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Catastrophic Thinking


By Beverly Ward


June 12, 2022


Science: In Cognitive Behavioral Therapy, we talk about Cognitive Distortions, which are unhelpful ways of thinking that have become habitual and are problematic. Catastrophizing, also known as Awfulizing, is one common type of Cognitive Distortion. It is when our thoughts about an event or person are ‘worst case scenario’, when we see them as being far worse than they really are. When preparing to give a speech catastrophic thinking might lead us to think, “I’m going to forget everything and stand there speechless….everyone is going to laugh at me…I will ruin my career…and ruin my life…my wife will leave me and my children will lose respect for me…I’ll be penniless, homeless, and alone” While most catastrophizing does not spiral to that level of awful, it does spiral, with one catastrophic thought leading downward to a worse thought. Catastrophic thinking is common, and anyone can experience it. When we are in a depressive or anxious episode, catastrophic thinking becomes dominate among our thought patterns. Left untreated, catastrophic thinking can lead to a worsening of depressive and anxious episodes or can contribute to the initial onset of them.


Neuroscience tells us that we can use the power of our minds to rewire our brains, and that we can change thought habits. Patterns of thinking are shaped over time and it takes time to reshape them. Similarly, our brains are wired over time and rewiring them takes time. With consistency and repetition, we can change our thought habits until we develop a new, different and more helpful thinking style.


Once we recognize a catastrophic thought, we can challenge it with the CBT technique of cognitive restructuring. When you realize that you are catastrophizing, you may be feeling anxiety in your body, if so, the first step is to calm yourself physiologically with diaphragmatic breathing, or belly breathing. Once you are calm, you can begin to challenge your thoughts. When you are ready, write down your catastrophic thought and label it (as a catastrophic thought). Use the tool of cognitive restructuring by asking yourself a series of questions to challenge the thought: If your worry comes true, what is the worst that could happen? What is the best that could happen? What is most likely to happen? How likely is it that your worry will come true (give examples of past experiences, or other evidence, to support your answer?) If your worry does come true, how could you cope? If your worry does come true, how much would it matter (expressed as a percent) in one week…in one month…in one year? In the Lagniappe section of this article, I have included a video to explain more about catastrophizing and how to decatstrophize with cognitive restructuring.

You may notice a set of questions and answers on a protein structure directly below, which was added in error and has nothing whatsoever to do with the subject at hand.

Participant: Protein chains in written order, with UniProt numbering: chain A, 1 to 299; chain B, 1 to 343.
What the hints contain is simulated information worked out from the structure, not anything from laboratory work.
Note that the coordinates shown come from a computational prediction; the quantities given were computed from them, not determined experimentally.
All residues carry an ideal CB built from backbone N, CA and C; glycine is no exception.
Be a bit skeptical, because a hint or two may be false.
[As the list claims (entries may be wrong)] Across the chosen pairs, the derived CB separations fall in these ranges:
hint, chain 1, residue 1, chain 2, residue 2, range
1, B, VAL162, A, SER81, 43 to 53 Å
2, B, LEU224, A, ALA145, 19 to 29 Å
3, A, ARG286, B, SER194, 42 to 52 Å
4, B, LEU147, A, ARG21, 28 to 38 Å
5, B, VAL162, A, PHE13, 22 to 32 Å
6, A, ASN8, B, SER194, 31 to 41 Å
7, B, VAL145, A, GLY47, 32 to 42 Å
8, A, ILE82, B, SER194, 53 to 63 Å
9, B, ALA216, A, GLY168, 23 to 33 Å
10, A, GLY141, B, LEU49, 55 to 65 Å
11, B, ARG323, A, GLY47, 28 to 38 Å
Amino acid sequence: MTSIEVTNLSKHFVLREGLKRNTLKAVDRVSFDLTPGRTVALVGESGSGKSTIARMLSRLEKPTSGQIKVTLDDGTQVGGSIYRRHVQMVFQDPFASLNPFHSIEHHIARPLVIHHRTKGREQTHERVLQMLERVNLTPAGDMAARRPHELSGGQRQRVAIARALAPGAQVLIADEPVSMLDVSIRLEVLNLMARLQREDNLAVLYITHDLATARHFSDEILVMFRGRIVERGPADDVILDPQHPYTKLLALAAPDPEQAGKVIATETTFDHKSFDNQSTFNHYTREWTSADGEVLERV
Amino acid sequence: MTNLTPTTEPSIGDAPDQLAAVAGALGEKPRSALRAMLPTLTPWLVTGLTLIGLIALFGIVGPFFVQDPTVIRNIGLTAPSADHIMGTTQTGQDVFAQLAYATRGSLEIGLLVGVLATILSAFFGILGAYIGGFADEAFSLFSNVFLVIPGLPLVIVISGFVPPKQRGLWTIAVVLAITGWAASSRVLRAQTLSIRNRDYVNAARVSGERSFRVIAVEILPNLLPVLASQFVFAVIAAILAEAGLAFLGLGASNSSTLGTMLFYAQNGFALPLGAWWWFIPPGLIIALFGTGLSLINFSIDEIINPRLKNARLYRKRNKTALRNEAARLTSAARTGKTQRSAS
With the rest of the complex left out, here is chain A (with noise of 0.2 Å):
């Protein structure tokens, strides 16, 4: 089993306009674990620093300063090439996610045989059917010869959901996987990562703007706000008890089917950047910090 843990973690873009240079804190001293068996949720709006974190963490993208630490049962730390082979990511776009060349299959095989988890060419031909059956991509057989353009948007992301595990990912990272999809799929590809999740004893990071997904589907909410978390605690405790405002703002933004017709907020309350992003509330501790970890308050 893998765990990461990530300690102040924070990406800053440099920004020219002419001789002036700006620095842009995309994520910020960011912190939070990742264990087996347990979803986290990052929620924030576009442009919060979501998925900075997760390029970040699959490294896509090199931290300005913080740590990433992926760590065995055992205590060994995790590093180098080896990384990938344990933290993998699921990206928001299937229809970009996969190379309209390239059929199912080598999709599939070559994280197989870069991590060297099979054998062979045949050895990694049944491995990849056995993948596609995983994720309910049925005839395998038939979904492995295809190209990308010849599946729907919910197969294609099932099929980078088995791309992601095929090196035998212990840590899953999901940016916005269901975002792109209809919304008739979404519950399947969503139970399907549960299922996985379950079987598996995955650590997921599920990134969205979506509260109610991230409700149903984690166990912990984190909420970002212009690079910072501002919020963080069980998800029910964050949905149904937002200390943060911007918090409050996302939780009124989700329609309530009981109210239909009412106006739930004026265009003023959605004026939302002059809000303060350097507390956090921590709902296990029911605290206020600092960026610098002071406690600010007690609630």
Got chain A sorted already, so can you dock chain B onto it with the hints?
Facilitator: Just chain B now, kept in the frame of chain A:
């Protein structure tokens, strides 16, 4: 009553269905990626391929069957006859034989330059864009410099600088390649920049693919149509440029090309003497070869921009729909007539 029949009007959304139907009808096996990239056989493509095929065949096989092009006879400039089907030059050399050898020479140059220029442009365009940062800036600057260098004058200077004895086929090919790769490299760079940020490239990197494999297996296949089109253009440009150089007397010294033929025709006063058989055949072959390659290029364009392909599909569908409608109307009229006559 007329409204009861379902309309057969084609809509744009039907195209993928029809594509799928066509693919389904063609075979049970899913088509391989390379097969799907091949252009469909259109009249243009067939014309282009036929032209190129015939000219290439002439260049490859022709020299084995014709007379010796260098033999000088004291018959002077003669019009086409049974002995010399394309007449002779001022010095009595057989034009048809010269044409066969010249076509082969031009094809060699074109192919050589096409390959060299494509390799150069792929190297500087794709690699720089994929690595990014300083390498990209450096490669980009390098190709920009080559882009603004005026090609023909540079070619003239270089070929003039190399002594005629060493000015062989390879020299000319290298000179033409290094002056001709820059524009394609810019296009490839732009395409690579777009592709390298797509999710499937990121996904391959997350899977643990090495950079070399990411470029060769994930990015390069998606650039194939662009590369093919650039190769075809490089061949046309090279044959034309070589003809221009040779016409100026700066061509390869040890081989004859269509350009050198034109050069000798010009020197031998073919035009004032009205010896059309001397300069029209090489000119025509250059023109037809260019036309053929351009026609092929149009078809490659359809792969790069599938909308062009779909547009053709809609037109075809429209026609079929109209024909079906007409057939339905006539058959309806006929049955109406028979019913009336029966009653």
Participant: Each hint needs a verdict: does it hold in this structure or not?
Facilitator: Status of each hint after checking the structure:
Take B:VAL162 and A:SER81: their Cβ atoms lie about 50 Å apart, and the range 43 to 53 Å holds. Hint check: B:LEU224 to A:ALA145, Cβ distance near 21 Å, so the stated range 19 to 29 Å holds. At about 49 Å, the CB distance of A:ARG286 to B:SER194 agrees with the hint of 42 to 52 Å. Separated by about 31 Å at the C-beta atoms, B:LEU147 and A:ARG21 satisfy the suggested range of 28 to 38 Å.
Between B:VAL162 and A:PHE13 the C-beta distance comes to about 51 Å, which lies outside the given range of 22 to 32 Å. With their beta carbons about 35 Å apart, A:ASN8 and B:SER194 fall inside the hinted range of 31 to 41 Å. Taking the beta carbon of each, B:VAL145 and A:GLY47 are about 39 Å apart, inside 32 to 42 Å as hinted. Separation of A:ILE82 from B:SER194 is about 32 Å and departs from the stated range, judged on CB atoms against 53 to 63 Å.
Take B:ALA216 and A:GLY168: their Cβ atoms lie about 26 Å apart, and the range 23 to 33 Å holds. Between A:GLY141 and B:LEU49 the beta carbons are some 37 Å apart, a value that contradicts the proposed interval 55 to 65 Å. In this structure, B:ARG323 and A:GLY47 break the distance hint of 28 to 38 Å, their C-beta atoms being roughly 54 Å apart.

Scripture: Philippians 4:8 gives us the biblical answer for catastrophic thinking, “Finally, believers, whatever is true, whatever is honorable and worthy of respect, whatever is right and confirmed by God's word, whatever is pure and wholesome, whatever is lovely and brings peace, whatever is admirable and of good repute; if there is any excellence, if there is anything worthy of praise, think continually on these things [center your mind on them, and implant them in your heart].”


Paul is telling us to think about what we are thinking about, to observe our thoughts and intentionally choose them. He tells us to selectively attend to those things that fall into the categories of being true, honorable, respectable, right according to God’s Word, pure, wholesome, lovely, peaceful, admirable, reputable, excellent and praiseworthy. It is estimated that we have over 70,0000 thoughts per day. There is a lot of information competing for our attention. Paul says to filter for the thoughts that meet the criterion he gives us. If you observe yourself having a thought that does not fit these criteria, throw it out and move on to a one that does. (When thoughts are stubborn and won't budge, use CBT to get them moving.) Paul says to think on these helpful thoughts continually, to ponder them, to keep bringing them to mind. Paul shares that this repetition and focus will implant these beneficial thoughts in our hearts (or, to say it in CBT terms, reshape your core beliefs.).



Action Plan: This week’s action plan is in two parts: 1) Consider memorizing Philippians 4:8, scripture memorization is a powerful tool in reshaping our thinking and thereby improving our lives . 2)Think about what you are thinking about. A good way to become more aware of your thoughts it to watch for shifts in emotion. When you notice your mood begin to shift for the worse (when you first begin to become worried, angry, sad, irritable, or drawn to an addictive behavior, ask yourself “what was I just thinking?". When you catch a catastrophic thought, or another cognitive distortion, write it down, label it and challenge it.



Lagniappe:


Video on catastrophizing and tips on stopping it


A silly song to help memorize Philippians 4:8



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